A recent case challenging a council’s decision to permit dogs on a beach takes a close look at a council’s duty to assess the environmental impact of activities it approves.

In Palm Beach Protection Group Incorporated v Northern Beaches Council [2020] NSWLEC 156, the Chief Judge of the Land and Environment Court, Preston CJ, found that a council did not properly consider the environmental impacts when deciding to allow dogs on a beach which contained threatened seagrass and seahorse habitat.

Duty to consider environmental impacts

A council has two separate duties, imposed under Part 5 of the Environmental Planning and Assessment Act (EP&A Act), when considering the environmental impacts of an activity it authorises or approves.

Firstly, a council must examine and take in account, to the fullest extent possible, all matters affecting or likely to affect the environment by reason of that activity in the attainment of the objects of the EP&A Act relating to the protection of the environment (under s 5.5).

Secondly, a council must not carry out or grant approval to an activity that is likely to significantly affect the environment unless it is in possession of and has examined and considered an Environmental Impact Statement (EIS) that has been prepared in the prescribed manner (under s 5.7).

An “activity” is defined under Part 5 by adopting the definition of development under the EP&A Act (excluding development for which consent is required under Part 4).

Is a decision by council to approve an activity invalid if it fails to consider the environmental impacts of an activity under Part 5?

In Palm Beach Protection Group Incorporated v Northern Beaches Council [2020] NSWLEC 156, the Court reaffirmed the duty imposed on councils to consider the environmental impacts of every activity to which Part 5 applies.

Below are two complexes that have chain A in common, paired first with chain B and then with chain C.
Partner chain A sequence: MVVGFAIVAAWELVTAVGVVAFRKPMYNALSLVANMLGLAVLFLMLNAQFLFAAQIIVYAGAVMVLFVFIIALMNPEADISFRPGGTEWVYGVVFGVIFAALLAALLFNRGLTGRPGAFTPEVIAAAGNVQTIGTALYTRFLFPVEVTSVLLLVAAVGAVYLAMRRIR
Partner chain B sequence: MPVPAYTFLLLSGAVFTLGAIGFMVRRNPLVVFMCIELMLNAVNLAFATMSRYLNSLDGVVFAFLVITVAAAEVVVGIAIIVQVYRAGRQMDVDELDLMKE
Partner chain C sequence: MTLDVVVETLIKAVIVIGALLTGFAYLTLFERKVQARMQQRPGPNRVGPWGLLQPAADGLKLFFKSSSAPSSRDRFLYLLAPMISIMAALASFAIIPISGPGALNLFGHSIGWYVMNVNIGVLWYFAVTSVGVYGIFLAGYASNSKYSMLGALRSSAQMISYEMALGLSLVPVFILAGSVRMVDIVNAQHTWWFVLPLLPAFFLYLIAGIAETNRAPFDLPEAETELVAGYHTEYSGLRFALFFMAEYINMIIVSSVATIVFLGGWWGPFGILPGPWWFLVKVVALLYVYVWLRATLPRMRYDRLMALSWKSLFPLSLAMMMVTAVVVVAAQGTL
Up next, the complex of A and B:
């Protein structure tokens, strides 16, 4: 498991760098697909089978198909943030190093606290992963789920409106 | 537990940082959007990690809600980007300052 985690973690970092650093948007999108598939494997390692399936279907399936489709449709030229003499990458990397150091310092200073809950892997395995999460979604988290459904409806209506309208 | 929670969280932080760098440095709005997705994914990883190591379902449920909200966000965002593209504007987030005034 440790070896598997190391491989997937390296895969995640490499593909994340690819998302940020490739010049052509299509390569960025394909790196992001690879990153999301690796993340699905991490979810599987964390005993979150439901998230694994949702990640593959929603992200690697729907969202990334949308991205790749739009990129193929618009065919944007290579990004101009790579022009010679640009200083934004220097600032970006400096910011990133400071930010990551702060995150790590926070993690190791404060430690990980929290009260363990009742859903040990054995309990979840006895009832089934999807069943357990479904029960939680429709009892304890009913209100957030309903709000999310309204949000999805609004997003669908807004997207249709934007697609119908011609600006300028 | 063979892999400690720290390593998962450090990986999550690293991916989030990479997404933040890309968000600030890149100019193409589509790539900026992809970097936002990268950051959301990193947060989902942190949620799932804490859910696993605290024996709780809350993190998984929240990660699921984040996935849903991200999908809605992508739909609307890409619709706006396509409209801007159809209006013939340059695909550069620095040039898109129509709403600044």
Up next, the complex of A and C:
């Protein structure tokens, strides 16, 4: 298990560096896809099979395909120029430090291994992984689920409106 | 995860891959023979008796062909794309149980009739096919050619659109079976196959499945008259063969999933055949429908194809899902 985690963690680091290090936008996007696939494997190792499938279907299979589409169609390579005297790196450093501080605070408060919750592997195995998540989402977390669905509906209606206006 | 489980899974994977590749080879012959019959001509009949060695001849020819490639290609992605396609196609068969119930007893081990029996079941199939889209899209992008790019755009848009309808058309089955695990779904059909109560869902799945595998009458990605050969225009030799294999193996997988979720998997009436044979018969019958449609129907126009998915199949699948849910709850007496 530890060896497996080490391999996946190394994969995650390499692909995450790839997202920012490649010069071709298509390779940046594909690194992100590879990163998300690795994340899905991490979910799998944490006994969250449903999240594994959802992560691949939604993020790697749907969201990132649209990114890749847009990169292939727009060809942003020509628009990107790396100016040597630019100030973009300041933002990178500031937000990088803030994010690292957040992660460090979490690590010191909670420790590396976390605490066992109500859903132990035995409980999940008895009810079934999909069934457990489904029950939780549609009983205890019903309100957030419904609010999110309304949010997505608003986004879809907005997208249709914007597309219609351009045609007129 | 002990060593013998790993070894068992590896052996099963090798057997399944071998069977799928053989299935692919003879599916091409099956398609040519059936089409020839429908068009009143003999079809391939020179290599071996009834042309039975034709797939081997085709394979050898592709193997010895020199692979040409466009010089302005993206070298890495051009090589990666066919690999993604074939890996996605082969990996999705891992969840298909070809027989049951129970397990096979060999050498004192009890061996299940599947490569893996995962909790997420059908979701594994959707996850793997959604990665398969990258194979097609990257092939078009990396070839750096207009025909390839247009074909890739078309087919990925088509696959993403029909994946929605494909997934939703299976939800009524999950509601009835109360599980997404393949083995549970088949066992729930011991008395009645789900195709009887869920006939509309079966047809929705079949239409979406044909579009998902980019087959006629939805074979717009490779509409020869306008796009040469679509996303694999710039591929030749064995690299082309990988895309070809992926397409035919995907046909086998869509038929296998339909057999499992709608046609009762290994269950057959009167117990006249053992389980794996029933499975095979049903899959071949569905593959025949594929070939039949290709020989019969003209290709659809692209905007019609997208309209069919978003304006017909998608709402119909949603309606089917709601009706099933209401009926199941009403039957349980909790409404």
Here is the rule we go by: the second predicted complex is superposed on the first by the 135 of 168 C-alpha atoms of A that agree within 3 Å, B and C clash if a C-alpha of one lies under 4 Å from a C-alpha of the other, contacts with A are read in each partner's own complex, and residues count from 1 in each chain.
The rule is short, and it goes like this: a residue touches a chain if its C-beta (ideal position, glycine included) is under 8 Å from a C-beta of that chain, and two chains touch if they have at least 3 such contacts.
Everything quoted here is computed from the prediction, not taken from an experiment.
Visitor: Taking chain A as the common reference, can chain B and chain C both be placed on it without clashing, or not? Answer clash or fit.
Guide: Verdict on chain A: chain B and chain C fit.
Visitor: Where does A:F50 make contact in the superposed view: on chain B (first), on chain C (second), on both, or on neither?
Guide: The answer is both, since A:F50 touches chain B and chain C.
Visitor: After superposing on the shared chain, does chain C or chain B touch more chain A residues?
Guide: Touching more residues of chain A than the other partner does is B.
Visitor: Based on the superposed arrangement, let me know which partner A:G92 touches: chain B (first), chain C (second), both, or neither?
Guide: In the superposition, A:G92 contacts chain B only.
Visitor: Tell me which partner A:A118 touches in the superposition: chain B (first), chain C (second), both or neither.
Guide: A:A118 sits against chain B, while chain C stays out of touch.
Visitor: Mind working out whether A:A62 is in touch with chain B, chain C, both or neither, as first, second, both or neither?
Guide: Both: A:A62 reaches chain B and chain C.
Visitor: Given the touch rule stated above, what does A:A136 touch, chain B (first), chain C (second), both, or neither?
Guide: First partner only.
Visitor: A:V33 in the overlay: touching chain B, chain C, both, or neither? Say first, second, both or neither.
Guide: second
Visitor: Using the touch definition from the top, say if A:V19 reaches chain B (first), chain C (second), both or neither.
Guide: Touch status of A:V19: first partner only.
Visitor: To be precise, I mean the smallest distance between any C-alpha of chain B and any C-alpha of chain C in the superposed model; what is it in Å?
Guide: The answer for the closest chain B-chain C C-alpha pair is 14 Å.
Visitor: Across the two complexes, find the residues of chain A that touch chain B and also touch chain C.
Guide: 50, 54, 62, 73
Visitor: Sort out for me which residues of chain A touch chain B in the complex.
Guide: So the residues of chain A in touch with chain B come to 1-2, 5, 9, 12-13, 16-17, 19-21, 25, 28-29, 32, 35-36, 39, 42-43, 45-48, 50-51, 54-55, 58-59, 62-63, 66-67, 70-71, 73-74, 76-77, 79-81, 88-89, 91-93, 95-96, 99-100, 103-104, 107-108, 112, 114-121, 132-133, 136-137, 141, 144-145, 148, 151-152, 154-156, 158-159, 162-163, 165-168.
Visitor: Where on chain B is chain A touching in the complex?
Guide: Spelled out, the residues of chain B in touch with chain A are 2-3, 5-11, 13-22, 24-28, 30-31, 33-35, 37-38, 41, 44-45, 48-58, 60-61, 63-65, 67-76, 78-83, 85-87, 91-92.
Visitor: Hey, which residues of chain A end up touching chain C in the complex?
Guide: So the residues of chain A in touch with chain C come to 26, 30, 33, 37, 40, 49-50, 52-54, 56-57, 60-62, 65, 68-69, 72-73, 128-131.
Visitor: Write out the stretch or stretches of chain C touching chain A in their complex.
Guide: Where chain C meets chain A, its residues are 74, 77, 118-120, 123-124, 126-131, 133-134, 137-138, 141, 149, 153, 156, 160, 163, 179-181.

Preston CJ held that two decisions made by the council under the Companion Animals Act 1997 to allow dogs on the beach were invalid for breaches of sections 5.5 & 5.7 under Part 5 of the EP&A Act. The Court declared that council:

  1. Breached s 5.5(1) of the EP&A Act in considering and determining to approve on 19 December 2019 the activity of allowing dogs on-leash at Station Beach by not examining and taking into account to the fullest extent possible all matters affecting or likely to affect the environment by reason of that activity, and
  2. Breached s 5.7(1) of the EP&A Act in granting approval on 27 August 2019 to the activity of conducting a dog off-leash trial at Station Beach for a 12 month period, without having obtained or examined and considered an EIS in respect of that activity

The Court heard expert aquatic ecology evidence that dog access (irrespective of whether the dogs were on-leash or off-leash) to proposed areas of Station Beach would be likely to significantly affect the threatened Posidonia australis seagrass population and White’s seahorse and its habitat. The evidence indicated that when dogs access the beach, their footprints create small holes in the seabed surface interfering with seagrass seed distribution and germination, the dogs spread invasive species and the dogs and their owners trample on invertebrate habitat and compact sediment thereby significantly affecting the environment.

Although the level of environmental impact assessment will vary depending on the activity, the Court found that every activity must be subject to environmental impact assessment. Importantly, where more than one activity is considered, environmental impact assessment of one activity does not suffice as environmental impact assessment of another activity.

What do the duties under Part 5 entail?

In forming his decision, Chief Justice Preston critically analysed the two overarching duties under Part 5 of the EP&A Act.

Regarding the duty to consider the environmental impacts of an activity under s 5.5 of the EP&A Act, his Honour held that: